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River Tamar, Cornwall | Devon

River Tamar
The Tamar is a river that flows through South West England. The river forms a natural division along most of the border between Devon on the east bank and Cornwall to the west. The ancient name is thought to derive from a prehistoric word apparently meaning ‘dark flowing’ and it shares this origin with, among other UK rivers, the Thames . The Tamar's springs only 4 miles from the north Cornish coast. But instead of taking a short route to the sea it is forced southward by the local geology. The Tamar flows into the Hamoaze at the point where it joins with the River Lynher, just upstream of Plymouth Sound. The Tamar’s tributaries include the rivers Inny, Ottery, Kensey and Lynher (or St Germans River) from Cornwall, while the Deer and Tavy flow into the Tamar from Devon. The Tamar Valley is well known for both its beauty and history. Many would argue that it possesses some of the finest scenery in the West Country. The Estuary is a valuable habitat for wildlife, including the avocet and little egret. The valley of the river Tamar and two of its tributaries, the Tavy and Lynher, form a designated as an Area of Outstanding Natural Beauty.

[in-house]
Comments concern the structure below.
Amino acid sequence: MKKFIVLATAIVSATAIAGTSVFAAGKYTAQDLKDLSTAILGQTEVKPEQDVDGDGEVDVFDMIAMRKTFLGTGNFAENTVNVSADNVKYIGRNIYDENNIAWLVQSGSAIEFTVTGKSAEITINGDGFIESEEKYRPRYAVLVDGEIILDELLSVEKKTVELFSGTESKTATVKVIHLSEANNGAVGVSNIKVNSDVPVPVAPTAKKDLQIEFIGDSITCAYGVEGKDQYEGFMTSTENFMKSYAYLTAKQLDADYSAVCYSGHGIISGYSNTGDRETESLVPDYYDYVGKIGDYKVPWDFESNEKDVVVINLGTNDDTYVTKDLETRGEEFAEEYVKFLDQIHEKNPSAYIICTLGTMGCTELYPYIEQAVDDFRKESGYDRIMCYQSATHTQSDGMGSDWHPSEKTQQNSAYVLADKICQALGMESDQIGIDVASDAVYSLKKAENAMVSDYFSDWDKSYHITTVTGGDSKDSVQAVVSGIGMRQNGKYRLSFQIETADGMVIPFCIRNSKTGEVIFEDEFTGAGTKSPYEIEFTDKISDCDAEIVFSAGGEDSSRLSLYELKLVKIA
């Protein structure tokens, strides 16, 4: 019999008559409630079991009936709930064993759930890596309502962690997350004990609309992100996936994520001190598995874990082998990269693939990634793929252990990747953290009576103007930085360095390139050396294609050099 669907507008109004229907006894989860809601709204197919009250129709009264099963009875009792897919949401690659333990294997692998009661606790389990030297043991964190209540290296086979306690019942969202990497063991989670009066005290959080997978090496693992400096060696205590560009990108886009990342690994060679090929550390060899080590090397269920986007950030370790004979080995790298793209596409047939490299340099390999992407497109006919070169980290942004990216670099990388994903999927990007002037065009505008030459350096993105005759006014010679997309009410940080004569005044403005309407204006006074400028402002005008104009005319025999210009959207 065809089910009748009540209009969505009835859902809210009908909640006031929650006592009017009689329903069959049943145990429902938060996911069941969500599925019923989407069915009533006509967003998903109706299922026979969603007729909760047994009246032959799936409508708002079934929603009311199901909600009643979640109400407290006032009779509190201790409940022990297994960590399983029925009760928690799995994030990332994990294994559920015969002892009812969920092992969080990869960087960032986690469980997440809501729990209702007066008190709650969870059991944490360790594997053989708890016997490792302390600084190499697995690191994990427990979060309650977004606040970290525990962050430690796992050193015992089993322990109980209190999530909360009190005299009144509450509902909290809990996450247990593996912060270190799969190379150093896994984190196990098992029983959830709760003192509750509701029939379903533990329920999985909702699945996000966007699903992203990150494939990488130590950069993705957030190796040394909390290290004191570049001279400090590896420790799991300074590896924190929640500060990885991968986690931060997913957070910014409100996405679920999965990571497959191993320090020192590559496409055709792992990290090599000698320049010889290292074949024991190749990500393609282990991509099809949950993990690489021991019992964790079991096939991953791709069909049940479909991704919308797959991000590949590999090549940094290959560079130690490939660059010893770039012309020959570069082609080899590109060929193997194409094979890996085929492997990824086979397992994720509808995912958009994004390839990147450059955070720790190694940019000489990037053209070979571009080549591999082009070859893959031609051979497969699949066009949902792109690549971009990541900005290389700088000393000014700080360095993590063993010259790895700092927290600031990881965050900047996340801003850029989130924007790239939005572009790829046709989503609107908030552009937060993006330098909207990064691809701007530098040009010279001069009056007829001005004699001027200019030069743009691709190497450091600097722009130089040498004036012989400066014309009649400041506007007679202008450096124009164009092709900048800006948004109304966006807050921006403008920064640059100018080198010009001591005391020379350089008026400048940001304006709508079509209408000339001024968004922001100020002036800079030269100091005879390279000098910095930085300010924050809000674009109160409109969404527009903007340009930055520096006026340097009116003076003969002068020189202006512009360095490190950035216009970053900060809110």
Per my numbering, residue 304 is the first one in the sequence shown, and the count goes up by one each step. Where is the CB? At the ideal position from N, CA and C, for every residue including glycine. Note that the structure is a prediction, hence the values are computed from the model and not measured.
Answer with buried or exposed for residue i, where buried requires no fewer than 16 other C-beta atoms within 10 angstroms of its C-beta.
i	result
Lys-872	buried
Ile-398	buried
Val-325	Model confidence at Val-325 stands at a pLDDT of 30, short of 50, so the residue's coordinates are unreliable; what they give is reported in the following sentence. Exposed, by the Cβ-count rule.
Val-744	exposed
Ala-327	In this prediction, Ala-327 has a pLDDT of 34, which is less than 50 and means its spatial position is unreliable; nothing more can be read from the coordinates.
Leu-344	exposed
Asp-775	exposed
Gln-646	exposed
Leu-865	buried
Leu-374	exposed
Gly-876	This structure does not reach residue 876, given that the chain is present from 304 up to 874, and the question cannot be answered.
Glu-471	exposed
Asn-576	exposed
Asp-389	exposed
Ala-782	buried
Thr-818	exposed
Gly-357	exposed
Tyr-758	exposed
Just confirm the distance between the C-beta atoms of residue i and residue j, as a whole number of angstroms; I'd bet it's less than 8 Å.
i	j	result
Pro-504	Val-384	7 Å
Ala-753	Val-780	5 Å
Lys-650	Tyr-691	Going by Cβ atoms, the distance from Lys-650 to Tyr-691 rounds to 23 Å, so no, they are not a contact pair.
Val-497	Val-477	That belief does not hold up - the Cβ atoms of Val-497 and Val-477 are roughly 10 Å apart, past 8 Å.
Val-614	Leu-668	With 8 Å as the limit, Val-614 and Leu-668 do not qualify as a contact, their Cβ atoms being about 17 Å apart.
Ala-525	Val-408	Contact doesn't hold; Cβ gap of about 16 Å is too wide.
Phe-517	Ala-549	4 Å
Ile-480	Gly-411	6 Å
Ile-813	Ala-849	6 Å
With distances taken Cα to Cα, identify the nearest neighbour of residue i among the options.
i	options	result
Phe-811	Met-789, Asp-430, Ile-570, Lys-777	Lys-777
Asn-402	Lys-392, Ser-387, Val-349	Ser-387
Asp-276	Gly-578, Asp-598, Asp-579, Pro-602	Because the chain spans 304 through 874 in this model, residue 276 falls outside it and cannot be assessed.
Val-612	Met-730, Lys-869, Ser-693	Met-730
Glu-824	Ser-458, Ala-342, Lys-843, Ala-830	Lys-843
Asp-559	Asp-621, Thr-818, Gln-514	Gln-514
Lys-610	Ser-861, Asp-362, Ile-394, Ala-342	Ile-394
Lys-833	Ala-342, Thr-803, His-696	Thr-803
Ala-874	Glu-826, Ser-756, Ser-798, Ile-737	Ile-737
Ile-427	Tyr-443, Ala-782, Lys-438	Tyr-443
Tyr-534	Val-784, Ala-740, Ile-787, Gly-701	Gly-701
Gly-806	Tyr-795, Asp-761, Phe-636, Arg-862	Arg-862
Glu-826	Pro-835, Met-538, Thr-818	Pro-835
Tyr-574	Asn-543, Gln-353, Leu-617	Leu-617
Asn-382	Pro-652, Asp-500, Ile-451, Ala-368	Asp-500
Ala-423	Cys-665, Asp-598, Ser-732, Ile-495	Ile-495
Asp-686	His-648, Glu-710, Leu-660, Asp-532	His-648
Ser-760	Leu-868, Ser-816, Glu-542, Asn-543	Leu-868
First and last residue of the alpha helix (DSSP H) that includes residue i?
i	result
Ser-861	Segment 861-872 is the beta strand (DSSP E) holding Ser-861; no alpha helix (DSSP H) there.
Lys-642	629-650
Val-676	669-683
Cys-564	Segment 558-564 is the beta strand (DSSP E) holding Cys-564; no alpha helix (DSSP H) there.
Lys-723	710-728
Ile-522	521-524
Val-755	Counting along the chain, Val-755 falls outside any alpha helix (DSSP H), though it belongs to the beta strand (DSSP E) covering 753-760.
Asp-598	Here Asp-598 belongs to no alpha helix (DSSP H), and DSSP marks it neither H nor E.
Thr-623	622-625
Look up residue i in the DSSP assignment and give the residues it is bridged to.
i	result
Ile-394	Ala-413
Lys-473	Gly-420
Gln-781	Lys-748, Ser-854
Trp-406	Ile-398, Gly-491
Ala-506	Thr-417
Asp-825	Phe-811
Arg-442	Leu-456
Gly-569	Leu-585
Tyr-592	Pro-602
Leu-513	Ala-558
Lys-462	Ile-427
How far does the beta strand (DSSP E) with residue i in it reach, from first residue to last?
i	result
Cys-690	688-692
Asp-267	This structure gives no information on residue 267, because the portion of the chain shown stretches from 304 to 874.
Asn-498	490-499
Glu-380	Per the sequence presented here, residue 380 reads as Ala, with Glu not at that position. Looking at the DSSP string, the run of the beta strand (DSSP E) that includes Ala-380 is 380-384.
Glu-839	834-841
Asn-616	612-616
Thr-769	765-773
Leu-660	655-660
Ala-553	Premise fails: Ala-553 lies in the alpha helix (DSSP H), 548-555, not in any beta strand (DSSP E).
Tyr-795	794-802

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Other Cornwall Naturals

Bodmin Moor
Tamar Valley
The Lizard
Helford River
River Fowey
Camel Estuary
River Fal
Carbis Bay
Cape Cornwall
Camel Valley
St Anthony Head
Pentire Point and the Rumps
Rough Tor
Rame Peninsula
Dodman Point
Roseland Peninsula
River Camel
River Looe

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A man seldom thinks with more earnestness of anything than he does of his dinner - Samuel Johnson
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On this day:
Irish Catholic Uprising - 1641, Battle of Trafalgar - 1805, First Women Peers Enter Lords - 1958, 1st British Nuclear Powered Sub launched - 1960, The Aberfan Disaster - 1966
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